2020 tokyo olympics

Olympic delay leaves athletes village in limbo

By Richard Carter and Shingo Ito

The requested article has expired, and is no longer available. Any related articles, and user comments are shown below.

© 2020 AFP

©2021 GPlusMedia Inc.

Login to comment

My pity for the developers is as large as my Rolls Royce... which I don't have.

13 ( +14 / -1 )

Have the govt lease the unsold units and prep it as an emergency hospital.

7 ( +8 / -1 )

It doesn't have to be this way.

-11 ( +1 / -12 )

Sellers had marketed the development, which comprises 23 tower blocks capable of housing up to 12,000 people, as "the city complex where everything begins" with views of the ocean, Tokyo Tower and the metropolis' glittering skyline.

No thanks. Can't see what people see in this. Japan, you have a severely falling population and almost 15 percent of your housing stock is empty. Most places outside of Tokyo are in a deep sense of decay, and it's only accelerating. Mitigating and eventually solving this issue should made urgent national policy, with a focus on encouraging people to move back into the regions and implementing plans of revitalisation.

-1 ( +3 / -4 )


2 ( +3 / -1 )

"There is a concern prices could drop. If excitement and anticipation (about the Olympics) fades away, the situation will be severe for the selling side. For now, cancellations are a critical problem for them," said Makino.

There might be short term bargains to be had here. Especially, if the value has dropped over 30% and is short term let for 5 years then sold on.

Land values decline slowly in Tokyo/Japan due to declining population and regular demolition and rebuilding within 30 as there are earthquakes.

"The wording they put in the contract is pretty vague. It normally says natural disasters or anything outside the sellers' control, so it might fall under that category," said the property expert.

The reality is the worse case scenario of the Olympics getting cancelled in the end is still on the table. Which is likely to mean 50% or more drop in value and reduced long term tourism to Japan due to COVID-19.

As the contract is too vague for pulling out and not losing your deposit, the only buyers will be ones that want to live long term and enjoy their lifestyle in the Tokyo Bay area which is the only USP left. Very risky at premium prices even for rich locals.

1 ( +2 / -1 )

One buyer, a man in his 30s, had been planning to move into the apartment in March 2023 with his wife and children.

The Olympics were scheduled to end in August 2020 and people have to wait almost 3 years to move in? I don't get it.

3 ( +3 / -0 )

 dbsaiyaToday 07:15 am JST

 Have the govt lease the unsold units and prep it as an emergency hospital.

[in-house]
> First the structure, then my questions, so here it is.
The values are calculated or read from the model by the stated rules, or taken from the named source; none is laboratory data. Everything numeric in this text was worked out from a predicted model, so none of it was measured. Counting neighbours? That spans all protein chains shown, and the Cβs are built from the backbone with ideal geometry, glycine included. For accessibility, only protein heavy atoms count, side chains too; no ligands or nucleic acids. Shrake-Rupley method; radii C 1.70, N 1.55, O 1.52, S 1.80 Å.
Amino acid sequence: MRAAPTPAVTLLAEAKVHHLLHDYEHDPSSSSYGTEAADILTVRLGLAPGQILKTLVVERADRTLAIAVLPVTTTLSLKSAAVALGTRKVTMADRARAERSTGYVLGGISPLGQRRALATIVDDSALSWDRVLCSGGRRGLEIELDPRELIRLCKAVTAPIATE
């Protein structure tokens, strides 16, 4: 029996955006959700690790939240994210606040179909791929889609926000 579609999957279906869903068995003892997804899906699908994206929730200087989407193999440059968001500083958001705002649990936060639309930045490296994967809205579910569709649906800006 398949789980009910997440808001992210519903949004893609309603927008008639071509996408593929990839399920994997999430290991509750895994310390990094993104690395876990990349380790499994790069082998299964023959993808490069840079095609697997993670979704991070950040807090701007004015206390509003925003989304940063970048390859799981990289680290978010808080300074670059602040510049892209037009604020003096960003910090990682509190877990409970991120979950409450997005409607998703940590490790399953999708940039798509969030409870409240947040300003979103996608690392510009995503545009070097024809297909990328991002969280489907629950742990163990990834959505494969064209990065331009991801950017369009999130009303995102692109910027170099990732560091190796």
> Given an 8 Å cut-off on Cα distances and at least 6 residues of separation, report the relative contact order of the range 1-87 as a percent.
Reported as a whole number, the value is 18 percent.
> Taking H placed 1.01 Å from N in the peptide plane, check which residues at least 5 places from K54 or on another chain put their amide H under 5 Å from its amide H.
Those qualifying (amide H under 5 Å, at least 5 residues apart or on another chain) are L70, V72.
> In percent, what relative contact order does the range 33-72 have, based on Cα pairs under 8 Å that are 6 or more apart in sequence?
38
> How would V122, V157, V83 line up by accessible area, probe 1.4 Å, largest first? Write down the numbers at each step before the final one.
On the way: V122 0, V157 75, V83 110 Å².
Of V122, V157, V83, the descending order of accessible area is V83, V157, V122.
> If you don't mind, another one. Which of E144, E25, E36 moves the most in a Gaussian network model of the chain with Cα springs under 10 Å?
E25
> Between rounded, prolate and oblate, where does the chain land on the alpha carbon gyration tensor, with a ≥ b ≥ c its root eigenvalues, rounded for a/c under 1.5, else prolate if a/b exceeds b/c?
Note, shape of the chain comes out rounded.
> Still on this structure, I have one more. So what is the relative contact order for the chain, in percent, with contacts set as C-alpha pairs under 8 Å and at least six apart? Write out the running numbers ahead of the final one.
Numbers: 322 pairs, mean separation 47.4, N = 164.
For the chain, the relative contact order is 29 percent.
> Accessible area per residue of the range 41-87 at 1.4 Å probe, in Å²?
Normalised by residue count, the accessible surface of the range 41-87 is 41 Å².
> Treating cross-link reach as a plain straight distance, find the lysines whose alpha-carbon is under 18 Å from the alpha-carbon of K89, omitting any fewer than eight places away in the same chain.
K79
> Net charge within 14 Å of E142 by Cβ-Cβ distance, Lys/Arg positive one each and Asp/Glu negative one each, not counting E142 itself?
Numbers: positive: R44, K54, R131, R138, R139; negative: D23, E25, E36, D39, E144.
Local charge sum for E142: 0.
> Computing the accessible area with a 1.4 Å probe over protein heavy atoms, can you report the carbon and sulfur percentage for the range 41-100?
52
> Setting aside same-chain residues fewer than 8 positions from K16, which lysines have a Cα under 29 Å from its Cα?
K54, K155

That's an excellent idea. It would ease crowding in Tokyo hospitals and show that the developers care about something other than money.

The former Manchester United players Gary Neville and Ryan Giggs own a couple of hotels in Manchester. They've been closed to guests but are allowing health care workers to stay there for free. It's a terrific gesture. Pep Guardiola, manager of Manchester City, has donated 1m Euros to fight coronavirus.


Given the vast profits being made by property developers in Tokyo it's the least they can do.

4 ( +5 / -1 )

House Tokyo homeless there. This summer will be record heat, at least they can enjoy Aircon.

3 ( +4 / -1 )

Use it to quarantine the people with symptoms, make the thing useful for something atleast.

2 ( +2 / -0 )

The J-real estate selling era, as we know it, is over and done with. Dealt a bad hand?...Man-up and take the loses. This COVID-19 is a rock-solid reason for buyers to cancel and get your deposit back! Welcome to the Gran Awakening!

3 ( +3 / -0 )

I predict many Japanese will realize if lockdown happens, that living like a rabbit in a cage is something you really don't ever want to live again (same effect as a large main cities, like in Paris where hunxredd of thousands fled to country because of tiny yet very costly flats they own.

1 ( +1 / -0 )

some carrying a price tag of 170 million yen ($1.5 million).

Hmmm, that means one must have been pretty well off to afford one of these places, huh?

That sucks for people who invested in these properties, I guess?

Oh well, don't mind me. I'll just keep on eating my one rice ball and small 1oo yen coffee for lunch.......

0 ( +0 / -0 )

Nice Skyline though.... last big Earthquake we had here, left many wondering about the Liquefaction issue upon which their household had been built upon.

0 ( +0 / -0 )

Login to leave a comment

Facebook users

Use your Facebook account to login or register with JapanToday. By doing so, you will also receive an email inviting you to receive our news alerts.

Facebook Connect

Login with your JapanToday account

User registration

Articles, Offers & Useful Resources

A mix of what's trending on our other sites